Congratulations on making the decision about marriage. It is a commitment as old as time itself and still serves as a key ingredient in the welfare and stability of society in the 21st century. Civil law and social acceptance offers any number of alternatives to marriage but when God invented marriage ...’a man will leave his own father and mother. He marries a woman, and the two of them become like one person’ ... it was because He has made us to live ‘in families’. Some people can manage going it alone but, for most of us, marriage will be the answer.
And because God invented marriage, He has some good ideas on how it can work. Getting married and having God involved in it is a great way to do it. I hope you will find this process helpful, challenging and fun.
There are some basic things required by the Australian Government when you want to get married. And these things apply whether you get married in a Church or in a garden or in scuba gear off Eagle Rock. There is a NOTICE OF INTENDED MARRIAGE to be filled out, and then, at the rehearsal for the service, THE DECLARATIONS, to show that there are no reasons for you not to be getting married. Finally, at the wedding service, the MARRIAGE REGISTER and MARRIAGE CERTIFICATE are signed and witnessed by two others, usually the Best Man and chief Bridesmaid.
All that paperwork has been invented by the Australian Government and is standard regardless of getting married in Church. We will ask you to do a bit more. We believe it is worth preparing yourselves for this commitment and to explore some of the potential in making your commitment a formal and public act.
We ask you to meet with me four or more times in the months ahead.
The first meeting will be to fill out the NOTICE OF INTENDED MARRIAGE and to ask any questions you might have. It would be good to know the date and time you would like get married. At this meeting I will give you a leaflet entitled ‘Happily Ever ... Before and After’ produced by the Government. You will also be given a copy of the different marriage services available to be used in the Anglican Church – from the super old 1662 version to the most recent, 1995.
At the second meeting you will fill out a questionnaire called PREPARE which is designed to get you thinking about various aspects of married life – Decision Making, Role Relationship, Financial Management, Communication, Sex, Parenting, Family of Origin and so on.
The third meeting will look at the outcome of PREPARE and consider whether more preparation should be tackled.
After that, the remaining meeting(s) will go through preparation of the Service itself according to which form of Service is chosen – music, readings, poetry? We aim to have the service suiting your taste while maintaining the decorum and focus of the prayerbook service.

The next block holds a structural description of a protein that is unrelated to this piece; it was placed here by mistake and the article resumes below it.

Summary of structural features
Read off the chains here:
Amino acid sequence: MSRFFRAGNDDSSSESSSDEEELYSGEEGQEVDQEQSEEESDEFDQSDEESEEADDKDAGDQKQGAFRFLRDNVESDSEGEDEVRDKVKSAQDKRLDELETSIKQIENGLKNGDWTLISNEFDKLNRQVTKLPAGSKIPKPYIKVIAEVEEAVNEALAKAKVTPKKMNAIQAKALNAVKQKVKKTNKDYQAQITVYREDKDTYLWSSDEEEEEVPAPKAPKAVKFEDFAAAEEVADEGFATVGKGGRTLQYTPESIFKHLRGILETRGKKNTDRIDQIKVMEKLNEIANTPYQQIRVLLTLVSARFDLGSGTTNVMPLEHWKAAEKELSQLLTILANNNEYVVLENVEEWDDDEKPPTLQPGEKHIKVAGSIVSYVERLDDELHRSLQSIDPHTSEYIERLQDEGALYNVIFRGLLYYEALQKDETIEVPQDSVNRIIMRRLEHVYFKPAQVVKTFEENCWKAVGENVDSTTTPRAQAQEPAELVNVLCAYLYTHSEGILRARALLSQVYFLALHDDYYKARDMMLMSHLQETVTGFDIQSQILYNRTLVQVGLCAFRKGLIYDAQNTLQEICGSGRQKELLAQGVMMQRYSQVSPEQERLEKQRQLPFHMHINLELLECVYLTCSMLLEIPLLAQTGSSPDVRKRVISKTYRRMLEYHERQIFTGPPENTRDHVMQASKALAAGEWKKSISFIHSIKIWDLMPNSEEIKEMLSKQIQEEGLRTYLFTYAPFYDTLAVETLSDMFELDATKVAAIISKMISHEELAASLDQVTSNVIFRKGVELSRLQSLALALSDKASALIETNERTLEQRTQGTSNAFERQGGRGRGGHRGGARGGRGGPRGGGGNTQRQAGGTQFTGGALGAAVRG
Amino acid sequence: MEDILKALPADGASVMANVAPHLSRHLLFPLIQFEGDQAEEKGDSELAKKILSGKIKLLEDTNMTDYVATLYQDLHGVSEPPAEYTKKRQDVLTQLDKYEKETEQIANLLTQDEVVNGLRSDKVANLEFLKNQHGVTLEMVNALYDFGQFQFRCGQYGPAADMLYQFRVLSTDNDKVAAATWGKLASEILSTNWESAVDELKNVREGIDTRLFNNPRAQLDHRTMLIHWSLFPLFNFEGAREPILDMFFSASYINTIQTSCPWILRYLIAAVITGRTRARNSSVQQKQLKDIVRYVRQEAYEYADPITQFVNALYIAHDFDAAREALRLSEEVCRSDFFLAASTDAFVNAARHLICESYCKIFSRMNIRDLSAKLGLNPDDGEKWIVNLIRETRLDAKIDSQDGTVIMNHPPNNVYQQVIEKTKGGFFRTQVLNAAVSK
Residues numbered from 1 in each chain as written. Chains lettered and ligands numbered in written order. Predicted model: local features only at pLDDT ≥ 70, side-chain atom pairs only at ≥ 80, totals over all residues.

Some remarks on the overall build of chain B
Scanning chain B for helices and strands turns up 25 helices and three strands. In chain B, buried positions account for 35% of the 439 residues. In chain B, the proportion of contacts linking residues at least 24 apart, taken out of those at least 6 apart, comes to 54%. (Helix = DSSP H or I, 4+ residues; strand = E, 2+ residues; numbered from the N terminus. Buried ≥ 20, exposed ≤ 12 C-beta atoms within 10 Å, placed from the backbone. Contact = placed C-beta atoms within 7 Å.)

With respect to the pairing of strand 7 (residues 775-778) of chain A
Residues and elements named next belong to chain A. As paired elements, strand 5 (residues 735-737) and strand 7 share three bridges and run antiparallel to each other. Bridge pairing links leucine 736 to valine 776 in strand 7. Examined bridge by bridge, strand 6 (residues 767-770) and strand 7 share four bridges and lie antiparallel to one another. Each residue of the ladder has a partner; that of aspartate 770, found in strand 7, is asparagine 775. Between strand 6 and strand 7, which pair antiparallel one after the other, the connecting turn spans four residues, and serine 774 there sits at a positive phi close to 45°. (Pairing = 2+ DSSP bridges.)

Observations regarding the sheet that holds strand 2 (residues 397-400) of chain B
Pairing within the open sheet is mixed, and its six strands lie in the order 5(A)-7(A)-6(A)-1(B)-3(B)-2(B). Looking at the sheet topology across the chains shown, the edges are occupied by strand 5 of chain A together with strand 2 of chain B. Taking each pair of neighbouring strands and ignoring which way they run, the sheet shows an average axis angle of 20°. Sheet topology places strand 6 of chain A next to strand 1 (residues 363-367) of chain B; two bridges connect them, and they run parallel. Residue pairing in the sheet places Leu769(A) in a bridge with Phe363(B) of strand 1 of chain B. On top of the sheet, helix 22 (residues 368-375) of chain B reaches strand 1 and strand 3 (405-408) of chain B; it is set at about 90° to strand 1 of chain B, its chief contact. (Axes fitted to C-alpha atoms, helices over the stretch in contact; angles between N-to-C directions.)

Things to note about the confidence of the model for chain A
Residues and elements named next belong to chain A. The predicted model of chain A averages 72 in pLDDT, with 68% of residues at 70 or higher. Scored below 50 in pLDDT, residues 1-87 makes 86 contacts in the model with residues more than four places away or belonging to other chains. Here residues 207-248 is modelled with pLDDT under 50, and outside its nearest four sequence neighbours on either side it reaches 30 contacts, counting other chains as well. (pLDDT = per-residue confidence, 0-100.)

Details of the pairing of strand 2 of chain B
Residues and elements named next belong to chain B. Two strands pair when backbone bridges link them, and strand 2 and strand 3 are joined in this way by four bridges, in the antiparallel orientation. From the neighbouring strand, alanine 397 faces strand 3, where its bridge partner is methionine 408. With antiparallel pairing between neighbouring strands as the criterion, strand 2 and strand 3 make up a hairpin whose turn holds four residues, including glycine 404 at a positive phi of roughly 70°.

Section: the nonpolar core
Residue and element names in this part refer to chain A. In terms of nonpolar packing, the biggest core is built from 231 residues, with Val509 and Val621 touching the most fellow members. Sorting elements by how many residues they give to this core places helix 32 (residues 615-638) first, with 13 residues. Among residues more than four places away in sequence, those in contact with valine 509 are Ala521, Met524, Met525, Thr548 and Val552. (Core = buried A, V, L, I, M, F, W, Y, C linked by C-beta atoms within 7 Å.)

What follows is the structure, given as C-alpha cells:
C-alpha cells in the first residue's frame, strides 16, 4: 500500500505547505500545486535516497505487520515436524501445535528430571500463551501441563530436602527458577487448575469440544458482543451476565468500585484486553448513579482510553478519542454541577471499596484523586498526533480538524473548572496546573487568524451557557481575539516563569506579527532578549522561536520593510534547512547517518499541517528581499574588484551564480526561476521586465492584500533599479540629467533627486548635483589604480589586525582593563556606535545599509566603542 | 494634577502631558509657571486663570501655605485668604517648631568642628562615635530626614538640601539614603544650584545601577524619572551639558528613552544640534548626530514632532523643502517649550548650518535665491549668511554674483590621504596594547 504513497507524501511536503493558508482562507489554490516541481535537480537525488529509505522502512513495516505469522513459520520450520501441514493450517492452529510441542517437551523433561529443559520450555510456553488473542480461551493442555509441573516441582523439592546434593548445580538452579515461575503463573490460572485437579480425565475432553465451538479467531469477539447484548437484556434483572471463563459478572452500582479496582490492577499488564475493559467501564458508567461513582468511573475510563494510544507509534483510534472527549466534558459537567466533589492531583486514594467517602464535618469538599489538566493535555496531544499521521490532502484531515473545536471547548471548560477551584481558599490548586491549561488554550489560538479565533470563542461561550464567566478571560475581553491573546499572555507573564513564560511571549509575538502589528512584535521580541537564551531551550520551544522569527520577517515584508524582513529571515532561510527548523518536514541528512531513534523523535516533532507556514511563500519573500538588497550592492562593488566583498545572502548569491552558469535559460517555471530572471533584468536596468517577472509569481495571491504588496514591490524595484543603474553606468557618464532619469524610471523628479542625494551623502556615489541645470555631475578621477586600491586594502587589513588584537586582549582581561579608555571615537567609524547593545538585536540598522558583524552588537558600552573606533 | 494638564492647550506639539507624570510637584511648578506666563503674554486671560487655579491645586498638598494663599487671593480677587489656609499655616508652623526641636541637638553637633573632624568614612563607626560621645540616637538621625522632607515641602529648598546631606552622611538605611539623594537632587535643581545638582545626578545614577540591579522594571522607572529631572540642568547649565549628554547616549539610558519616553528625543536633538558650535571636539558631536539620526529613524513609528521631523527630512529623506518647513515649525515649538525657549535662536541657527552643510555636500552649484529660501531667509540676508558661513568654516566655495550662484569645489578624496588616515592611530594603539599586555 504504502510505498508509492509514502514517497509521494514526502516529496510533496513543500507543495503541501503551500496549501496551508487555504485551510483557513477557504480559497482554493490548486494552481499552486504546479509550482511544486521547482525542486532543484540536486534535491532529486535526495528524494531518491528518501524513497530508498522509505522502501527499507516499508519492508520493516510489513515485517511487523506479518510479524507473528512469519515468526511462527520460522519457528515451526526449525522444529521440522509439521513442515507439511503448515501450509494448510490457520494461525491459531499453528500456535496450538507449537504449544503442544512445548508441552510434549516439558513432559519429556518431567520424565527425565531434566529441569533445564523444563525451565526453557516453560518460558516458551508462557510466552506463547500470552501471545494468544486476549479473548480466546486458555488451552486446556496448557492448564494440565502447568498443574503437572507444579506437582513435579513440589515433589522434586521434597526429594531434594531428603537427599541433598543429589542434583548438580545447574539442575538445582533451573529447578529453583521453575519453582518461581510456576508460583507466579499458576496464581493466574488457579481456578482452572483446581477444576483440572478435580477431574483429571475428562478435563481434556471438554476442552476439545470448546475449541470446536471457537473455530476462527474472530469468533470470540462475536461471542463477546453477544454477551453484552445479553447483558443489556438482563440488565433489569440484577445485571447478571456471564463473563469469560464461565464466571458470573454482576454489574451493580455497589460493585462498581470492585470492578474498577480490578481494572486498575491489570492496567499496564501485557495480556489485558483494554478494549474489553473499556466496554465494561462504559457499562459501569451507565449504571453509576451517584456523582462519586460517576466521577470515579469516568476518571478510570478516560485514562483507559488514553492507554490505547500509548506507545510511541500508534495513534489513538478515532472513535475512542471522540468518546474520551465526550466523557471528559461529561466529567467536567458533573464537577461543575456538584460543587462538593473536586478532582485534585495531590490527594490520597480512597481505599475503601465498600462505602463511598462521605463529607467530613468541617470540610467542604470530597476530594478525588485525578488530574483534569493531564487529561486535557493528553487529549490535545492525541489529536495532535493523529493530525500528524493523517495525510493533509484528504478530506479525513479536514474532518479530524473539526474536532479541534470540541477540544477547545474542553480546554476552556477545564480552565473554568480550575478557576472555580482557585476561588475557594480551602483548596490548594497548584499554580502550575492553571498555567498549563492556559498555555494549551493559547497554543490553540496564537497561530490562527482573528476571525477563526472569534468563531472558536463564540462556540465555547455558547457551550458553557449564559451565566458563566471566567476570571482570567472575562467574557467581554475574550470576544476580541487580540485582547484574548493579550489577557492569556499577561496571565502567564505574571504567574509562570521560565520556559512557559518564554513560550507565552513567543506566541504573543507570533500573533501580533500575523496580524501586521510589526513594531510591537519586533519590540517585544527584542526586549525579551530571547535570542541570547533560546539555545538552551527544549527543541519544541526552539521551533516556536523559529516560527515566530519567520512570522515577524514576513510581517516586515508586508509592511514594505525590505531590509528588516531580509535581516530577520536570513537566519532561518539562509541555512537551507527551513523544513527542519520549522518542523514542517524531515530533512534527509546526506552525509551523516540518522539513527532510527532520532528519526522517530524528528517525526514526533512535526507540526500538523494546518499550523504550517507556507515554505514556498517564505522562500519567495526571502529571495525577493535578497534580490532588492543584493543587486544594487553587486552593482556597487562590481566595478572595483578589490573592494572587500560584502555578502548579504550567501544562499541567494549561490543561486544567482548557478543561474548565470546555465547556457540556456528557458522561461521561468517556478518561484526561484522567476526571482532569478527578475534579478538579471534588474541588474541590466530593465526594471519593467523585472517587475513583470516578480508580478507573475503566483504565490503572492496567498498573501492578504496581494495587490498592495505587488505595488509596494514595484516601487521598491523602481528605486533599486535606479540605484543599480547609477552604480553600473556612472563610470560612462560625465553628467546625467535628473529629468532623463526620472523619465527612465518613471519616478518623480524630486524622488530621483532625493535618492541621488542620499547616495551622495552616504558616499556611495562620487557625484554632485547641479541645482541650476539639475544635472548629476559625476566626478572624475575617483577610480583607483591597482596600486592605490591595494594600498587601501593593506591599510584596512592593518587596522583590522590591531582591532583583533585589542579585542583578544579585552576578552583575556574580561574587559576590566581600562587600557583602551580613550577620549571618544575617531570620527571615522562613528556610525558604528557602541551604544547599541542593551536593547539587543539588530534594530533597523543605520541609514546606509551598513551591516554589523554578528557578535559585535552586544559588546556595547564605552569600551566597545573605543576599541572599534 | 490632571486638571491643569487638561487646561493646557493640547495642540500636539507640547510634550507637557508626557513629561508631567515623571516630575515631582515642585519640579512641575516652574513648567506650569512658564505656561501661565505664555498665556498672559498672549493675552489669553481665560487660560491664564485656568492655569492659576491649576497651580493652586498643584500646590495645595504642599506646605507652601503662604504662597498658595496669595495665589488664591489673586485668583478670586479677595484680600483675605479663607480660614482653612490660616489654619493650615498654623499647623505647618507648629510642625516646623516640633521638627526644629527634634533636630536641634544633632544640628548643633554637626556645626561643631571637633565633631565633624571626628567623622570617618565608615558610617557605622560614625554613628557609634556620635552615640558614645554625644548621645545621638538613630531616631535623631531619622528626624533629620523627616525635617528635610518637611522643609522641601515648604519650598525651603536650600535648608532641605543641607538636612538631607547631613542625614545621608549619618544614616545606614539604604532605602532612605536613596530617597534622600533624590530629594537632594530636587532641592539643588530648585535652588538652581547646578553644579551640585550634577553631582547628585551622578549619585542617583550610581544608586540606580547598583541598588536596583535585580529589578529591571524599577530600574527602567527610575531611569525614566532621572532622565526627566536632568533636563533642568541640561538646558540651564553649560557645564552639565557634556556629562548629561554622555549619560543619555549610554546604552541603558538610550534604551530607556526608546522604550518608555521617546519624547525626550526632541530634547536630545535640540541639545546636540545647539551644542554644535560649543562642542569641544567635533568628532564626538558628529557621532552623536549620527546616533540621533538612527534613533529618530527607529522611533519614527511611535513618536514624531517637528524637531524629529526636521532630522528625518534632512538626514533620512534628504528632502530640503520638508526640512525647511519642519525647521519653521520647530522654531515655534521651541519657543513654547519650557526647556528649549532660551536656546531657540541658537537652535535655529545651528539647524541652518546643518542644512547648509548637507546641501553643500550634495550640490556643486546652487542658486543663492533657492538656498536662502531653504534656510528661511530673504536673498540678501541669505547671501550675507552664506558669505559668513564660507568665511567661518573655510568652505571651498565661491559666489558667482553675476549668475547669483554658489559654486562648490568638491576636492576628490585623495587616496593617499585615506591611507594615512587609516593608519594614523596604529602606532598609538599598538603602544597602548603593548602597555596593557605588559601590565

Well, you’ve survived the introduction and probably have an idea now whether you would like to pursue a Church Wedding. If not, we encourage you to take care and do some homework before you get married. It’s worth doing it well!
For the rest, the pages ahead go into some detail about what happens when you get married at the Surfcoast as well as explaining our policy on remarriage, confetti and photographs. And how much money is involved!
The Rev’d Lynton Wade
Vicar, Surfcoast Parish
Notice of Intended Marriage
This is the first of the various forms required by the Marriage Act 1961 and asks basic questions about names and addresses, date and place of birth and parents’ names and nationalities. It also records the date of any previous marriage and when it ended.
This form is signed by the Bride and Groom and witnessed by the Minister who will conduct the wedding. And it must be completed at least one month before the Wedding date.
In addition to the written form, the couple must produce their birth certificates (or extracts) so that the information on the form can be confirmed. If anyone is not able to produce a birth certificate, a statutory declaration may be acceptable. If anyone was born overseas, their passport may be acceptable.
There is no fee involved with the NOTICE OF INTENDED MARRIAGE but it is a vital first step in the marriage process.
Marriage and Remarriage
Remarriage, or the marriage of someone who has previously been divorced, has been a challenging pastoral issue for the Church for centuries. Until relatively recently it could only happen with the approval of the highest church authority.
Now, in the Anglican Diocese of Melbourne, remarriage can be possible with the approval of the local Bishop, in our case, the Bishop of the North & Western Region.
His permission is given or refused on the basis of prayer and a written recommendation from the Parish Priest or Minister. For that reason some extra time will be needed to talk through that experience of breakdown and divorce and to check that there are no ‘loose ends’ from the previous marriage. While it may feel a little like opening old wounds, it is intended purely to ensure that history won’t repeat itself and that both the Bride and Groom have a realistic understanding of the commitment involved in Christian marriage.
If counselling was not taken at the time of the breakdown and divorce, it may be appropriate for professional counselling for the couple going into this new marriage. There are excellent courses run by Lifeworks (a not-for-profit organisation partially funded by the Government under the Family Law Act 1975).